• Deformation of gear, shaft, or other part
  • Lubricating oil defect

Gear wear is referred to the following:

Fine unevenness is removed from the tooth surface, making the surface smooth like a mirror.
Abrasive wear
Irregular linear grooves are formed in the sliding direction on the tooth surface, creating abrasion marks.
This is one type of abrasive wear. Linear grooves are formed, and the tooth surface looks as it has been dug at with a fork.
Welding and tearing occur alternately on the tooth surface, resulting in deterioration of the tooth surface.

Problems in Conventional Gear Tooth Thickness Measurements

Conventional methods of measuring tooth thickness include chordal thickness measurement, span measurement of teeth, and over pin measurement, all of which are measured using hand tools. Profile measurement systems and gear measurement systems are also used. However, even for a spur gear, which is the easiest type to measure, measurement requires skill and time. In addition, measurement becomes extremely difficult in the case of gears with complex shapes such as helical gears or bevel gears.

Measurement of gear tooth thickness using hand tools

In conventional tooth thickness measurements using hand tools, the methods used are span measurement of teeth, and over pin (ball) measurement.

Span measurement of teeth
Span of teeth
Span measurement of teeth
This tooth thickness measurement method is the most commonly used. A certain number of teeth are held between the probes of measuring tools such as a micrometer in order to measure the length and calculate the tooth thickness for that number of teeth. The measured value may vary depending on the contact conditions of the measuring tool. Because pitch and tooth shape may affect the measurement, multiple measurements must be made around the entire gear periphery, requiring much time.
Over-pin measurement
This tooth thickness measurement method is also called “ball measurement.” It can be used to measure the tooth thickness of an external gear as well as an internal gear. When measuring, pins or ball are placed into opposite facing tooth grooves (when the number of teeth are even), or into opposite tooth grooves offset by 180/z (°) (when the number of teeth are odd). With an external gear, the tooth thickness is found by measuring outside dimension (over pin dimension). With an internal gear, it is found by measuring the inside dimension (between pin diameter).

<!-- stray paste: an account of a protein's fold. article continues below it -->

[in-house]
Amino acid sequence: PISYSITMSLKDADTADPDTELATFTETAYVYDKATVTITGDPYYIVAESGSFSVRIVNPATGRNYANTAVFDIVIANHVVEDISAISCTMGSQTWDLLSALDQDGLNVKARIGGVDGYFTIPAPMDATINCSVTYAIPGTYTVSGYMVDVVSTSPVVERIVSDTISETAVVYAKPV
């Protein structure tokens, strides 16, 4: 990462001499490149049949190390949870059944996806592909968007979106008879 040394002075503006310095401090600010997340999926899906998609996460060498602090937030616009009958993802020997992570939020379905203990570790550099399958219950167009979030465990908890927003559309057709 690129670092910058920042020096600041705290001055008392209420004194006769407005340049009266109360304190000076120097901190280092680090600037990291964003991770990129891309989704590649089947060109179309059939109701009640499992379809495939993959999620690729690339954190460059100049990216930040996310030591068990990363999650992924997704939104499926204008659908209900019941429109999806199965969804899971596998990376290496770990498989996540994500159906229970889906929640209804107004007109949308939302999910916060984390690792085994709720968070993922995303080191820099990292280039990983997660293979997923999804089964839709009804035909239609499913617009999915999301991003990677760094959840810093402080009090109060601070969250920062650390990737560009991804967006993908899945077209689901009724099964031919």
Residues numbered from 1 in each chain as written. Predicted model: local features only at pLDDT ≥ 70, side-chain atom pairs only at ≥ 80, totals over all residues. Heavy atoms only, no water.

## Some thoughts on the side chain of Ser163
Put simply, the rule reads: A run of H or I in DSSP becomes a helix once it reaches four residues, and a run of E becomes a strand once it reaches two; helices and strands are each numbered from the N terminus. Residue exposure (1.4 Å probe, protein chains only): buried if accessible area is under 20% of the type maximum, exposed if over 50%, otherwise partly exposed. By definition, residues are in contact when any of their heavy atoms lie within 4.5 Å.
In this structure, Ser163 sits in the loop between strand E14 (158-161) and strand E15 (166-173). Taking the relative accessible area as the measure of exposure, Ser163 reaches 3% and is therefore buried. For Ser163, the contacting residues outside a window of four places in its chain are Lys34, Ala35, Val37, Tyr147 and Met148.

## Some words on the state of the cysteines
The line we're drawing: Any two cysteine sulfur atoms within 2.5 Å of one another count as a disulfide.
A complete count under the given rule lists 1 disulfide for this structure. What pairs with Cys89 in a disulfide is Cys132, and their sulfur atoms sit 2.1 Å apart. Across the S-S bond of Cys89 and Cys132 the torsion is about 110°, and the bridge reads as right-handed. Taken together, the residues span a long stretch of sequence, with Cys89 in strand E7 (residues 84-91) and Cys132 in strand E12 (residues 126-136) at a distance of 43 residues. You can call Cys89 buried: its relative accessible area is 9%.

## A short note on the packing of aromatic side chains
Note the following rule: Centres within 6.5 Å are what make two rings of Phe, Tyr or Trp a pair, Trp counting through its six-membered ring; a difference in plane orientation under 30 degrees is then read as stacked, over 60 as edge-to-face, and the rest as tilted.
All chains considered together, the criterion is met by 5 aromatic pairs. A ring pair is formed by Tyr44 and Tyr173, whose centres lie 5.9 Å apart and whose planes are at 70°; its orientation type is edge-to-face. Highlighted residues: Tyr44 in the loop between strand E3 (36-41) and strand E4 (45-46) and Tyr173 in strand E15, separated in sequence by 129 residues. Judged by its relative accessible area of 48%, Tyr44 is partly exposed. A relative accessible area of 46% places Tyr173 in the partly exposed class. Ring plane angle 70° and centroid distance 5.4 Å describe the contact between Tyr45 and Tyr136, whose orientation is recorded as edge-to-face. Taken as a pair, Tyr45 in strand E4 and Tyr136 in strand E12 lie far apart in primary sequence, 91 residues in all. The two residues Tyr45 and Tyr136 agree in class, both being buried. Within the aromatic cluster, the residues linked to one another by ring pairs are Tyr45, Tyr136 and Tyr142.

External gear (even number of teeth)
External gear (even number of teeth)
External gear (odd number of teeth)
External gear (odd number of teeth)
Internal gear (even number of teeth)
Internal gear (even number of teeth)
Internal gear (odd number of teeth)
Internal gear (odd number of teeth)

Problems in gear tooth thickness measurement using a profile measurement system

Problems in gear tooth thickness measurement using a profile measurement system

A profile measurement system measures and records the profile of a target by tracing its surface with a stylus. In recent years, profile measurement systems have been developed to use a laser instead of a stylus to measure complex shapes by tracing the profile in a non-contact manner. Some models are even able to perform measurement of both the top and bottom surfaces.
However, with a profile measurement system, it is necessary to acquire accurate measurement lines for the gear teeth.

This involves the following problems:

  • Measurement work requires much time, including time for fastening the sample to the jig and leveling it. Knowledge and skills related to using profile measurement systems are also required in order to level a target accurately.
  • The stylus of a profile measurement system moves up and down in an arc centered on the fulcrum of the stylus arm; the tip of the stylus also moves in the X-axis direction producing error in the X-axis data.
  • Tracing the desired line with the stylus is extremely difficult work, and even slight displacement of the stylus produces error in the measured values.
  • It is also difficult to increase the number of targets because of the need to pinpoint specific locations for measurement.
  • Only part of a target can be measured, and evaluation of the entire surface is not possible.

Solution to Problems in Measurement of Gear Tooth Thickness

The measuring instruments that are typically used to measure gear tooth thickness involve problems such as the amount of time required to position the target, and the fact that measurement of three-dimensional targets and areas is performed by means of point or line contact. To resolve these measurement problems, KEYENCE has developed the 3D Optical Profilometer VR Series.